In order to boost the haulage capacity to meet the huge demand expected to be created by the Railway (Transportation of Heavy Goods) Regulation that was recently passed in Zambia by the Minister of Transport, the Tanzania-Zambia Railway Authority (TAZARA) has dispatched an engineer to South Africa to conduct a due diligence on five U30 mainline locomotives that are to be hired within the next few weeks.

The Authority is further awaiting shareholders’ approval for an Open Access Agreement with a private railway operator that has already started conducting trial runs between Ndola and Dar es Salaam.

Eng. Bruno Ching’andu, TAZARA Managing Director, says the decision to hire extra locomotives and engage private operators in Open Access is meant to increase capacity to adequately handle the positive response from the market, especially in view of the passing of the Statutory Instrument that compels manufacturers in Zambia to channel 30% of bulky traffic to the railways.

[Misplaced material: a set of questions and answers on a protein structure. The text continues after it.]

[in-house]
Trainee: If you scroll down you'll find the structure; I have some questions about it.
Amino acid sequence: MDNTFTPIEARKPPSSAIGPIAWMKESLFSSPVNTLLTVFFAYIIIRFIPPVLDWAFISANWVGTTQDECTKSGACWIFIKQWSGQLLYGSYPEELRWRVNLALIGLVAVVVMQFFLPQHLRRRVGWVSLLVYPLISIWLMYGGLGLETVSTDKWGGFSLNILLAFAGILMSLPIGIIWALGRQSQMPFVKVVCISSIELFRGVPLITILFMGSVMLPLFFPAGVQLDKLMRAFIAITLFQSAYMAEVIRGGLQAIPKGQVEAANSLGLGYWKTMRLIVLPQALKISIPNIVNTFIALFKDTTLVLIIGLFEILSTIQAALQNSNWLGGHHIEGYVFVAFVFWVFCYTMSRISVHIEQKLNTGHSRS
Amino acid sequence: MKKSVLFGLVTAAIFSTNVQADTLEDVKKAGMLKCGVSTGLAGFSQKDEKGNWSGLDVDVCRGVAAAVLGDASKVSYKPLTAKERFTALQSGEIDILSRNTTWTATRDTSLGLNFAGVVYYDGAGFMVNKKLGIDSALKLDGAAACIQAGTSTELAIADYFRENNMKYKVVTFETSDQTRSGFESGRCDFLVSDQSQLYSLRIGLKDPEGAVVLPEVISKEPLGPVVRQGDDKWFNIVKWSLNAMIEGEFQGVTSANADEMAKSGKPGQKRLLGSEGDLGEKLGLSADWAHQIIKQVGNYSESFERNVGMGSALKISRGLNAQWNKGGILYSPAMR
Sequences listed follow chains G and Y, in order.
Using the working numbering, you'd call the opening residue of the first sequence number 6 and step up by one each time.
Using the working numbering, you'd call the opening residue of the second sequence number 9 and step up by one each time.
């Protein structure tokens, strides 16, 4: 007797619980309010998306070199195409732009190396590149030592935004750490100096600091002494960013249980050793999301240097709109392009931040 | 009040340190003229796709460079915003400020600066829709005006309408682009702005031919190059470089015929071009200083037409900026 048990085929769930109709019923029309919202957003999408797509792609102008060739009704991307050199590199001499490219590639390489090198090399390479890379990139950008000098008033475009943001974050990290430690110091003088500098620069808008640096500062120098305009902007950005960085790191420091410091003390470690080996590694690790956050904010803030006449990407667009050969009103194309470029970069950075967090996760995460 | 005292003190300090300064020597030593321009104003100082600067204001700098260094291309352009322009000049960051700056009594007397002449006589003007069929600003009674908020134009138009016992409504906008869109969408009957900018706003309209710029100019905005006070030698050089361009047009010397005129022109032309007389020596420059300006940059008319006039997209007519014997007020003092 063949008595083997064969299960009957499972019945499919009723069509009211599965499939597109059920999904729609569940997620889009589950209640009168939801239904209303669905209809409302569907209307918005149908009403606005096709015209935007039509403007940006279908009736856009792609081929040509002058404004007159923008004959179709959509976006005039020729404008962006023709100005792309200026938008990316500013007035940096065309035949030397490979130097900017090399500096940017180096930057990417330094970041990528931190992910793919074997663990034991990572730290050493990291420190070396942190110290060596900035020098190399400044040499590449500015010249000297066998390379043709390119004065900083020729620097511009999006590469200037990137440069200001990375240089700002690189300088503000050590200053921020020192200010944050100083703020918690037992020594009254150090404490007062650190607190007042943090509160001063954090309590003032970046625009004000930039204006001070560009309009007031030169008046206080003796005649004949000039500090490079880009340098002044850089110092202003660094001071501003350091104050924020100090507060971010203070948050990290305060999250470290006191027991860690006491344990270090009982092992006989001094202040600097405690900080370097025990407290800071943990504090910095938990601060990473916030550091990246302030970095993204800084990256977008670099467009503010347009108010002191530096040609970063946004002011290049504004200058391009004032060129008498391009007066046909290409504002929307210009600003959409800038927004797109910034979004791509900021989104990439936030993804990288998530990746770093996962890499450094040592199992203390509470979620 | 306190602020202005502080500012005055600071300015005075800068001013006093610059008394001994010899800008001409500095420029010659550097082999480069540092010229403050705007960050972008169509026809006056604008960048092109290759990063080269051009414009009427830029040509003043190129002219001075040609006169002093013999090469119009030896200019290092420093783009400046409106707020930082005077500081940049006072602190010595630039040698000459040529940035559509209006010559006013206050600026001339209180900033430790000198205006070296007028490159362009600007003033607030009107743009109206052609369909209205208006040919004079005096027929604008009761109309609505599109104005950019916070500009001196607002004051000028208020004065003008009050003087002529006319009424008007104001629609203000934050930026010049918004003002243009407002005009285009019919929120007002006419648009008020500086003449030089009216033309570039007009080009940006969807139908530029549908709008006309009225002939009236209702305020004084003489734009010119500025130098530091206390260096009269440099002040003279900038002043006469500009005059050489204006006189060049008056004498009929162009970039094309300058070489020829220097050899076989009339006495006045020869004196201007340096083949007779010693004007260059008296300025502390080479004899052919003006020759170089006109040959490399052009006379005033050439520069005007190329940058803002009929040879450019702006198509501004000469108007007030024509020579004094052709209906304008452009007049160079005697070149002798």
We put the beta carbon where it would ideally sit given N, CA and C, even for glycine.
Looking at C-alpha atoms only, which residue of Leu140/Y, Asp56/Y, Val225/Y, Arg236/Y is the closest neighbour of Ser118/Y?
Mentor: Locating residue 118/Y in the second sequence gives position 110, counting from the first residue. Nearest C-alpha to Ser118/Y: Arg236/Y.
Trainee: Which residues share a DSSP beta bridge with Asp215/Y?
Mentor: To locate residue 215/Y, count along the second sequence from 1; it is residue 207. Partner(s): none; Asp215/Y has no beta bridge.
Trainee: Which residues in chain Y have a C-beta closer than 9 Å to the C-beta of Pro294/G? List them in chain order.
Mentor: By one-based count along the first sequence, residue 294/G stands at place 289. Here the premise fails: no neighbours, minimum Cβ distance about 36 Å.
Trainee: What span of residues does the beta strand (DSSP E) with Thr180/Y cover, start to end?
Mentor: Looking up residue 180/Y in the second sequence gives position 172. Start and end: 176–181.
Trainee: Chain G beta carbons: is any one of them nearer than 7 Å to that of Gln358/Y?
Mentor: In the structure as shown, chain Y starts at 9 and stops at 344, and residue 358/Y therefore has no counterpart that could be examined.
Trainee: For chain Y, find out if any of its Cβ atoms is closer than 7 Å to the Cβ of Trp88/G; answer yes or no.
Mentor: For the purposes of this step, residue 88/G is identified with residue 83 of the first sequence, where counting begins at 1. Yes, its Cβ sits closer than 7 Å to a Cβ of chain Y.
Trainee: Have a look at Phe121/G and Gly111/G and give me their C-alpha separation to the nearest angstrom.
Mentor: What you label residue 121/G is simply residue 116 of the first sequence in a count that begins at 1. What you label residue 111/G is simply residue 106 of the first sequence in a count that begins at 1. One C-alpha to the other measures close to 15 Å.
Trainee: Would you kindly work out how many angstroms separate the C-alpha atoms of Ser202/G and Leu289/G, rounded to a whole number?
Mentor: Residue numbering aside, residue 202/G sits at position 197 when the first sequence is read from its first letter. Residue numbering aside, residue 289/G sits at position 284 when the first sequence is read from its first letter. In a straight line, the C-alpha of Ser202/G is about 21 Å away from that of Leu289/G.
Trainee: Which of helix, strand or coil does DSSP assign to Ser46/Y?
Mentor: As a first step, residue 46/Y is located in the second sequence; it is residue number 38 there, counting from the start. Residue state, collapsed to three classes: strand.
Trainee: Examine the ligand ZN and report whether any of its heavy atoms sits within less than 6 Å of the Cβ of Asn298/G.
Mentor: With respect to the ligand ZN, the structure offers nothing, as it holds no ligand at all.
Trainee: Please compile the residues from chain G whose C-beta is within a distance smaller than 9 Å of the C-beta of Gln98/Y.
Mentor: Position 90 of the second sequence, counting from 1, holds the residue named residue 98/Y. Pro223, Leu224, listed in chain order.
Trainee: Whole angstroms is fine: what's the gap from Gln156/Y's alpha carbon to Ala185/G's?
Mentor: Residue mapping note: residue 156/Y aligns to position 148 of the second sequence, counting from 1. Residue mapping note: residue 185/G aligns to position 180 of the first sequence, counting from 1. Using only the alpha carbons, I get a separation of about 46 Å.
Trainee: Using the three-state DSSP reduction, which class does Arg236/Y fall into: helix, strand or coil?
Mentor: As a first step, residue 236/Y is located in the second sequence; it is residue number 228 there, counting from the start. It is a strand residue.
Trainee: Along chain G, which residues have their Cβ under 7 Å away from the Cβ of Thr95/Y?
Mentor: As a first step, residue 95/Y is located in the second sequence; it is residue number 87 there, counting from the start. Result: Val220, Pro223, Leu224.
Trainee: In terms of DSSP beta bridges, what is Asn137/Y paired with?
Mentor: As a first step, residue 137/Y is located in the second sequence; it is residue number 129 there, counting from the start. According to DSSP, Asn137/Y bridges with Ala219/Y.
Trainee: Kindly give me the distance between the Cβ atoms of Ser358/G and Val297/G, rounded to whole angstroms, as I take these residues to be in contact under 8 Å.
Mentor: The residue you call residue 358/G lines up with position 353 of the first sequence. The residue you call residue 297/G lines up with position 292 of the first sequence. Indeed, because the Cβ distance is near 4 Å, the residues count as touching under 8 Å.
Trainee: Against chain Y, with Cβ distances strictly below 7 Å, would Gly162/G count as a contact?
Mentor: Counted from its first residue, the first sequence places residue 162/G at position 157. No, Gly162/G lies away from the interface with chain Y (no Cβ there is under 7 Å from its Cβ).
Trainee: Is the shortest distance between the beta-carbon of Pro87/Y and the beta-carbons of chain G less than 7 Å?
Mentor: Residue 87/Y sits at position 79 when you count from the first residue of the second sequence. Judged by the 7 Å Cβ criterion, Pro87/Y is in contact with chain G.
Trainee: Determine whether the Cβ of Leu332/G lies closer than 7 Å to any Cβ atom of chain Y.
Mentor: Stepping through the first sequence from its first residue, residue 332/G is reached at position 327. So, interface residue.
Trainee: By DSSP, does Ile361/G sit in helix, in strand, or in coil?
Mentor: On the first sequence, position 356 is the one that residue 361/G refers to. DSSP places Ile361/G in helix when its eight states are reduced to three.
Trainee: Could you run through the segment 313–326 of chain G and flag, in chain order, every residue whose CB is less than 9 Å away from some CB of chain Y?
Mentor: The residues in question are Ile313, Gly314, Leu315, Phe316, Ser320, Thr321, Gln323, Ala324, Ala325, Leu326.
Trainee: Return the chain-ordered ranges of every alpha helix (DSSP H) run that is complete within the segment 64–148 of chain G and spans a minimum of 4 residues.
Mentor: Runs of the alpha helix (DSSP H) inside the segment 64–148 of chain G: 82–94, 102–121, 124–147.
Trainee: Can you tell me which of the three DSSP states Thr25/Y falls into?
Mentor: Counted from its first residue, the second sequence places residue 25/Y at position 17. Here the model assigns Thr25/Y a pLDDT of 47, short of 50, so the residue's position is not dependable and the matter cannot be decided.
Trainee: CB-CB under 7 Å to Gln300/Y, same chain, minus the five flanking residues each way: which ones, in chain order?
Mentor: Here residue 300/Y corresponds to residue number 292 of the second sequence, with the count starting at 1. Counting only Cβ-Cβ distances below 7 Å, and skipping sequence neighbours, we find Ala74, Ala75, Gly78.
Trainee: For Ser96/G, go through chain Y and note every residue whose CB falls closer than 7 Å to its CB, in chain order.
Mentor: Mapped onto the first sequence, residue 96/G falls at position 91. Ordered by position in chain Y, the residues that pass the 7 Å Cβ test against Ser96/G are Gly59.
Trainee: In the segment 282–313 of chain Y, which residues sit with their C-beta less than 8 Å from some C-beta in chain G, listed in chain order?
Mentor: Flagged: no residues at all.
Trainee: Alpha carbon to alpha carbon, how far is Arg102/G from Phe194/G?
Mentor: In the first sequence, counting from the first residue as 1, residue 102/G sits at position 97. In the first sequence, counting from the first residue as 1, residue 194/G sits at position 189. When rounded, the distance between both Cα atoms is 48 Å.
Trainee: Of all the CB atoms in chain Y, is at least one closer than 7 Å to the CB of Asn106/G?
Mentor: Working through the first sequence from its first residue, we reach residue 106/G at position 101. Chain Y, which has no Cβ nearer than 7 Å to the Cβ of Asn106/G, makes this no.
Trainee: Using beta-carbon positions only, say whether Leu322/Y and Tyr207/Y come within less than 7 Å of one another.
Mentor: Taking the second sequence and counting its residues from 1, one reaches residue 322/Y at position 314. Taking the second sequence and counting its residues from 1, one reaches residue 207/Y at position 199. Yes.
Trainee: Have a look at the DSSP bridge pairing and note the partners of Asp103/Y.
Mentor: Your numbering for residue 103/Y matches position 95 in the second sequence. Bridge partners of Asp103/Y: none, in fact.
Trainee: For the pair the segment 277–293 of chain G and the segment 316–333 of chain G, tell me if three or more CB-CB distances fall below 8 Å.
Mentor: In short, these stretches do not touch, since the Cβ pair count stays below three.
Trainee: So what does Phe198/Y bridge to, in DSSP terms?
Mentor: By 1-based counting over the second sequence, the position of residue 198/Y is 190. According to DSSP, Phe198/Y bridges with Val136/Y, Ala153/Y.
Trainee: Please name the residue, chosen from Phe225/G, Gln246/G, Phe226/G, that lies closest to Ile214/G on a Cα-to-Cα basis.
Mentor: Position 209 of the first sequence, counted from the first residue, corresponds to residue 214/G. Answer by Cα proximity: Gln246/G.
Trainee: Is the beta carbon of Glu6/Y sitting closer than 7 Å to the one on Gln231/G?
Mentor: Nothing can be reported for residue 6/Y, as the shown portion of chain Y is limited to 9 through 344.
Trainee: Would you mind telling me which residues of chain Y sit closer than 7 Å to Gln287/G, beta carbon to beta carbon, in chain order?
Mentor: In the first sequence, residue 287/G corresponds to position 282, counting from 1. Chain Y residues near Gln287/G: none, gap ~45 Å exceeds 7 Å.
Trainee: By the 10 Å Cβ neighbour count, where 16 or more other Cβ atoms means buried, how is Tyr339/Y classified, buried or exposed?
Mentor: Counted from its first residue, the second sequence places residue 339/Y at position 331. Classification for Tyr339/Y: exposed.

“We are elated by the measures taken by the Zambian Government through the Minister of Transport and Communications and, in this regard, these immediate steps we are taking are meant to assure the public and the business community of our readiness to meet the anticipated demand on our services.

“In August 2017, we signed an Open Access Agreement with Zambia Railways Limited and signed an MoU with another private railway operator, Calabash freight Limited, following the go-ahead granted by our shareholders in 2015 allowing us to engage private operators in order to maximize usage of our line.

“Everything has fallen into place and we are glad to be at the edge of some very positive developments in railway haulage,” said Eng. Chingandu.


TAZARA is bi-national railway jointly owned by the Governments of the United Republic of Tanzania and the Republic of Zambia on a 50-50 shareholding basis. The 1,860km-railway was built as a turn-key project, with financial support from the People’s Republic of China between 1970 and 1975. It connects landlocked Zambia to the seaport of Dar es Salaam in Tanzania and further provides road and railway inter-connectivity to other parts of Southern Africa. In essence, TAZARA provides a communication backbone for the three regional groupings of SADC, COMESA and the East African Community. For Central and Southern African hinterland importers and exporters with business ties to the Middle-East and Asian countries, including China, TAZARA provides the shortest route to the sea, through the Port of Dar es Salaam and is therefore a vital rail link in the logistical chain. Ends


News Release

Tuesday, 6 February 2018